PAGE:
Like all the songs on the upcoming album, takes were recorded live at The Power Station studio in New York. An all-star line-up surrounded Tyler – The E-Street band’s Roy Bittan and Max Weinberg reprised their roles from Bat Out Of Hell, joined on guitar by Rick Derringer, while Steve Buslowe – who played on Dead Ringer For Love and on Steinman's own Bad For Good – contributed bass. 

They’d do nine takes of each track, listen to them at home, then come back the next day and discuss it. Total Eclipse… was Take Two of the session, with overdubbing undertaken on a more-is-more 64-track desk. Later, it would be mixed for over 12 hours by engineer Neil Dorfsman, who recalled to the FT that “Jim wanted the biggest drum sound ever recorded” but faders were at capacity and they “ran out of reverb”.

Everything went into the near-seven-minute album track – Phantom Of The Opera organ, synth cannon sounds, a choir, even sleigh bells. And the legendary supernatural video – shot in Holloway Sanatorium, Surrey, and directed by seasoned pop clip producer Russell Mulcahy, who would go on to Highlander – was even more over-the-top than the track.

At the end of recording, Steinman told Dorfsman, “This is going to be the biggest song you’ve ever recorded.” He was right; and not just in audio terms. At its peak it sold 60,000 copies a day and shot to Number 1 on both sides of the pond, and many other countries across the world.

Tyler’s passionate, powerhouse performance was a triumph, and she still performs the song live today. It’s Steinman’s most-streamed composition on Spotify with nearly 508 million plays, trumped only by the video’s 890 million views on YouTube.

Total Eclipse… made Bonnie Tyler the ultimate power ballad diva, something she couldn’t be prouder of – she’s currently on TikTok inviting users to duet with her (opens in new tab) on the track.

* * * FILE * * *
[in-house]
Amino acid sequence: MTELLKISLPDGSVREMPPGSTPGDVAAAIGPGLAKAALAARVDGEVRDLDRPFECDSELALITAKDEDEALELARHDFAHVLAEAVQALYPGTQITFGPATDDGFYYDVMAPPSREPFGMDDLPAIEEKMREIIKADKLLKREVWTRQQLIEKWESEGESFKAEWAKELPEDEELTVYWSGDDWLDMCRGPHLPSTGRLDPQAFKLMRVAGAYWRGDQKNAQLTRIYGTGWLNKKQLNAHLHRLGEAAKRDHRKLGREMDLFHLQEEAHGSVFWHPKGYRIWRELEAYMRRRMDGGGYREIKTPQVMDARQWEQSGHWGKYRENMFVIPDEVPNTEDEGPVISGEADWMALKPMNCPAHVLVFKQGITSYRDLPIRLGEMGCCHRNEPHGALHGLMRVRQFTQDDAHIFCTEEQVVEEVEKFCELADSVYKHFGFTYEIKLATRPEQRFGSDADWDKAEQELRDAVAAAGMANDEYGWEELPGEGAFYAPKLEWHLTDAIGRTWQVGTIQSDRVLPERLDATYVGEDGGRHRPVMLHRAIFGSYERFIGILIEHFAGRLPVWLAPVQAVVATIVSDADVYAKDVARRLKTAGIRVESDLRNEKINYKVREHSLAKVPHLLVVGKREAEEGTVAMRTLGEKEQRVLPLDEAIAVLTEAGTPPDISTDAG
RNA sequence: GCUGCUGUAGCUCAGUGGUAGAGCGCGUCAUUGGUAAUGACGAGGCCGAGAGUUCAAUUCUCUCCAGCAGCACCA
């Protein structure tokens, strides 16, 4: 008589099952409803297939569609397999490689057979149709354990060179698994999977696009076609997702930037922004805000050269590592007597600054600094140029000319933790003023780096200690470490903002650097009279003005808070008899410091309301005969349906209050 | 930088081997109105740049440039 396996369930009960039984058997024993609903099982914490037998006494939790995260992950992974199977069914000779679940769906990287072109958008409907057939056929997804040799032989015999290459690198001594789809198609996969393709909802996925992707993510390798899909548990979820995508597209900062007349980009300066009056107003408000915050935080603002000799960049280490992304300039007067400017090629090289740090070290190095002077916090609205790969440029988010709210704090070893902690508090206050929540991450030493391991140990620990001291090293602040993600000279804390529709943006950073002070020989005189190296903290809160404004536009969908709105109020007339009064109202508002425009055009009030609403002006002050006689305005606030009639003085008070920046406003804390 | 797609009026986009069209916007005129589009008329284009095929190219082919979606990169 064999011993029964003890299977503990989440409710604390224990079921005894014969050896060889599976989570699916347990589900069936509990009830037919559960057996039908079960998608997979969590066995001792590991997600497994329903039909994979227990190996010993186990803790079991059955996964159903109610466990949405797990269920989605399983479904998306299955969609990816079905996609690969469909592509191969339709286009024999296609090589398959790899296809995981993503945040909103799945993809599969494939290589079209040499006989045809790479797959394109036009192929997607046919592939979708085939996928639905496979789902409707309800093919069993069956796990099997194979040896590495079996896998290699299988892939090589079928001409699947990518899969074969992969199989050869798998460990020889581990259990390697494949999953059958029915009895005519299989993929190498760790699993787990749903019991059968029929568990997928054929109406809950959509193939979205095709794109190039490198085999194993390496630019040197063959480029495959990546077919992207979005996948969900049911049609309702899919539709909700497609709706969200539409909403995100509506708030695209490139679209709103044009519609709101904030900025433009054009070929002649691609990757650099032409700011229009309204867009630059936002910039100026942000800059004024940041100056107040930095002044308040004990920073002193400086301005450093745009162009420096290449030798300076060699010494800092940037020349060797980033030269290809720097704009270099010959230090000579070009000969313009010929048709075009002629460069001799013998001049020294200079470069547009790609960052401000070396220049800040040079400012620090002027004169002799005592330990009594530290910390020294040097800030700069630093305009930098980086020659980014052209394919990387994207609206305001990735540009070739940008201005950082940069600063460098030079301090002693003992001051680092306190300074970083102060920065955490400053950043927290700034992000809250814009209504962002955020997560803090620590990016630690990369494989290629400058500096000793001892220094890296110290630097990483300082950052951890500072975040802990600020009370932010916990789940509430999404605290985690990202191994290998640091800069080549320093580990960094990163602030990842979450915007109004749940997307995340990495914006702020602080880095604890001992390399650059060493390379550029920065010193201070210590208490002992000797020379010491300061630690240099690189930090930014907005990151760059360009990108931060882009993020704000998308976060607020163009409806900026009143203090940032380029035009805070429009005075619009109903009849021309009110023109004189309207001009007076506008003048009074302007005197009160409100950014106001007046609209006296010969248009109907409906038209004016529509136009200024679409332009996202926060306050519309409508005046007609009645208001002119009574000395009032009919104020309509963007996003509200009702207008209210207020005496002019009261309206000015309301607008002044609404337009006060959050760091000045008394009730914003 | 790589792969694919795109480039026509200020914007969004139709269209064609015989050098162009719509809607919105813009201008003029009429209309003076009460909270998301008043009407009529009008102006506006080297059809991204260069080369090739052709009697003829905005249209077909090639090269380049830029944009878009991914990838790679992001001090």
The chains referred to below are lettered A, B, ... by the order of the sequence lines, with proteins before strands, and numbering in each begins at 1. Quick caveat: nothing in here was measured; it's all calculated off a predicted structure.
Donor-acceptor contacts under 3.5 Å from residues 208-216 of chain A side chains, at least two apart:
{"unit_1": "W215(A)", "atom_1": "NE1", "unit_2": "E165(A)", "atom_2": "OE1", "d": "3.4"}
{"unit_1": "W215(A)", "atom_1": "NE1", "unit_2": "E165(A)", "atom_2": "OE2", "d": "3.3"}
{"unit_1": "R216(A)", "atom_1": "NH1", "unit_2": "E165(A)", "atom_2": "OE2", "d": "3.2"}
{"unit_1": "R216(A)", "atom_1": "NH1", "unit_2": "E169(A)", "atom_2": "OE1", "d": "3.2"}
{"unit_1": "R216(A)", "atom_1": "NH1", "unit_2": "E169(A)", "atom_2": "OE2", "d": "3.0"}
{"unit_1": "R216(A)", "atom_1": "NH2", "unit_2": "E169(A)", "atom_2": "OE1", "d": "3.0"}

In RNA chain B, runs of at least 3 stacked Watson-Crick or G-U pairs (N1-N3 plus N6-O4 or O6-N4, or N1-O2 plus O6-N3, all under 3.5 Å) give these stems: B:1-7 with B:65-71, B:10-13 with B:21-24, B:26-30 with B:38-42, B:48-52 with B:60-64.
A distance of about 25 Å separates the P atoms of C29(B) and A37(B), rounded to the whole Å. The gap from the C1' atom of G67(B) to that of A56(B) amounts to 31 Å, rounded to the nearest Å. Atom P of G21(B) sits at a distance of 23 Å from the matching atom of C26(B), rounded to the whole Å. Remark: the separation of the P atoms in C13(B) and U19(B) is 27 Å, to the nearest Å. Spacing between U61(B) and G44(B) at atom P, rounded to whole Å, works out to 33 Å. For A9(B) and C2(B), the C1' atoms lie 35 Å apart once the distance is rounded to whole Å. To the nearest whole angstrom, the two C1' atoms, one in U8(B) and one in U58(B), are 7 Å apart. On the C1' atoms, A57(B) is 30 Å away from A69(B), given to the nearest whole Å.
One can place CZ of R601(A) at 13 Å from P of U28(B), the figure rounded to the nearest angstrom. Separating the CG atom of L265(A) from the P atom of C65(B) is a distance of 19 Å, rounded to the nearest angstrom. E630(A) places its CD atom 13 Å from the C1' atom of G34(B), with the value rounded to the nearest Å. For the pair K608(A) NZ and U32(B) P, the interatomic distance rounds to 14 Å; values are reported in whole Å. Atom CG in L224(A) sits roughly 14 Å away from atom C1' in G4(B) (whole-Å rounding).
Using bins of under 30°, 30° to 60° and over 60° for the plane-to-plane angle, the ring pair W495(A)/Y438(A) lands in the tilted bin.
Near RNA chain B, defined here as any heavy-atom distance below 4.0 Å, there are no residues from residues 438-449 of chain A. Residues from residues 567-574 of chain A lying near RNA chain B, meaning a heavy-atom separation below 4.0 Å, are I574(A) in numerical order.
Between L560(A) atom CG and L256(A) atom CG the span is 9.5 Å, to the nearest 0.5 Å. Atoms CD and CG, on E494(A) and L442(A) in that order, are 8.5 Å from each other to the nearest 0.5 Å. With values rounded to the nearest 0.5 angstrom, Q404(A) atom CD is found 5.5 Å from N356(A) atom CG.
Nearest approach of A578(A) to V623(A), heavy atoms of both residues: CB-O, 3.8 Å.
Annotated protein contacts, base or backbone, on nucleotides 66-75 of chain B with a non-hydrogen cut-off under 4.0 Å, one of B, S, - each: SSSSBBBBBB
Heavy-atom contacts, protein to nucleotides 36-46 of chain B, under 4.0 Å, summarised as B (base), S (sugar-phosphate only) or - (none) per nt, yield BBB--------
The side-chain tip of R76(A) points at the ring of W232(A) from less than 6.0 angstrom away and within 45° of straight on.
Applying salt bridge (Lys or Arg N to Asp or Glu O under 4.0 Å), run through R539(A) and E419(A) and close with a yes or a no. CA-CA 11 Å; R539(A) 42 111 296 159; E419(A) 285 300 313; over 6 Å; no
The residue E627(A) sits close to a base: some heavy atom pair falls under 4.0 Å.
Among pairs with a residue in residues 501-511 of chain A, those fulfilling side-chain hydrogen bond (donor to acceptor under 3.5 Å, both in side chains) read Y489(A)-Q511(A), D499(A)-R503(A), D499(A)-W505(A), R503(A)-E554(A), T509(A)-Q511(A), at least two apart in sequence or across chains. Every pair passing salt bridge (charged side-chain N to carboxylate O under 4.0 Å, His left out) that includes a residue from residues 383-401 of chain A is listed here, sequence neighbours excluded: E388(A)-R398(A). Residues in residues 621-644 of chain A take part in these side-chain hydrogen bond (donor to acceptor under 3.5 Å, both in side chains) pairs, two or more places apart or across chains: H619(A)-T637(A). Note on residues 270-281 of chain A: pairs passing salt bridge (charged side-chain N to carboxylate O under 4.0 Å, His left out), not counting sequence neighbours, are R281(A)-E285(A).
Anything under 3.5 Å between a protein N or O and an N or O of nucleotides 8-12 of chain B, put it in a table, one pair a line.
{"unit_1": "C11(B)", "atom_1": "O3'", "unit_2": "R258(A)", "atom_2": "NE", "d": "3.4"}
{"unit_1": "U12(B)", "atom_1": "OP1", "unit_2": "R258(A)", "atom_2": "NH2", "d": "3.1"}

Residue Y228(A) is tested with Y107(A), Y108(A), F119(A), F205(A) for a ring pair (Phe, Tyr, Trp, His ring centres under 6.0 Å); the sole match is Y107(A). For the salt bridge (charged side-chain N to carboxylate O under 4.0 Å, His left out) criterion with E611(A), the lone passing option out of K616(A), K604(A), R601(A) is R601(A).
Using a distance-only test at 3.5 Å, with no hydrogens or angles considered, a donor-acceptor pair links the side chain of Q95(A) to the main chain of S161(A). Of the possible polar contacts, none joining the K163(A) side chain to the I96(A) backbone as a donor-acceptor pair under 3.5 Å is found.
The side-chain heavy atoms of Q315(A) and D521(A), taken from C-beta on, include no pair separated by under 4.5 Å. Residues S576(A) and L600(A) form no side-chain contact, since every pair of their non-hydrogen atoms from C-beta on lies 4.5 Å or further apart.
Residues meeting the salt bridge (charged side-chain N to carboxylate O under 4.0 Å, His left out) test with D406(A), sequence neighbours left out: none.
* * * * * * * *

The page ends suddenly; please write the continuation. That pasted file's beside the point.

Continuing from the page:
“It is an incredible song. I never get tired of singing it,” Tyler told Rock Cellar in 2021. “Every time I sing it is like the first time. I never would’ve dreamed when it was released that it would sell six million copies worldwide.”

Watch Bonnie and Jim in rehearsal, and lip-synching to Total Eclipse… for TV below.

Jo Kendall
Jo Kendall

Jo is a journalist, podcaster, event host and music industry lecturer with 23 years in music magazines since joining Kerrang! as office manager in 1999. But before that Jo had 10 years as a London-based gig promoter and DJ, also working in various vintage record shops and for the UK arm of the Sub Pop label as a warehouse and press assistant. Jo's had tea with Robert Fripp, touched Ian Anderson's favourite flute (!), asked Suzi Quatro what one wears under a leather catsuit, and invented several ridiculous editorial ideas such as the regular celebrity cooking column for Prog, Supper's Ready. After being Deputy Editor for Prog for five years and Managing Editor of Classic Rock for three, Jo is now Associate Editor of Prog, where she's been since its inception in 2009, and a regular contributor to Classic Rock. She continues to spread the experimental and psychedelic music-based word amid unsuspecting students at BIMM Institute London, hoping to inspire the next gen of rock, metal, prog and indie creators and appreciators.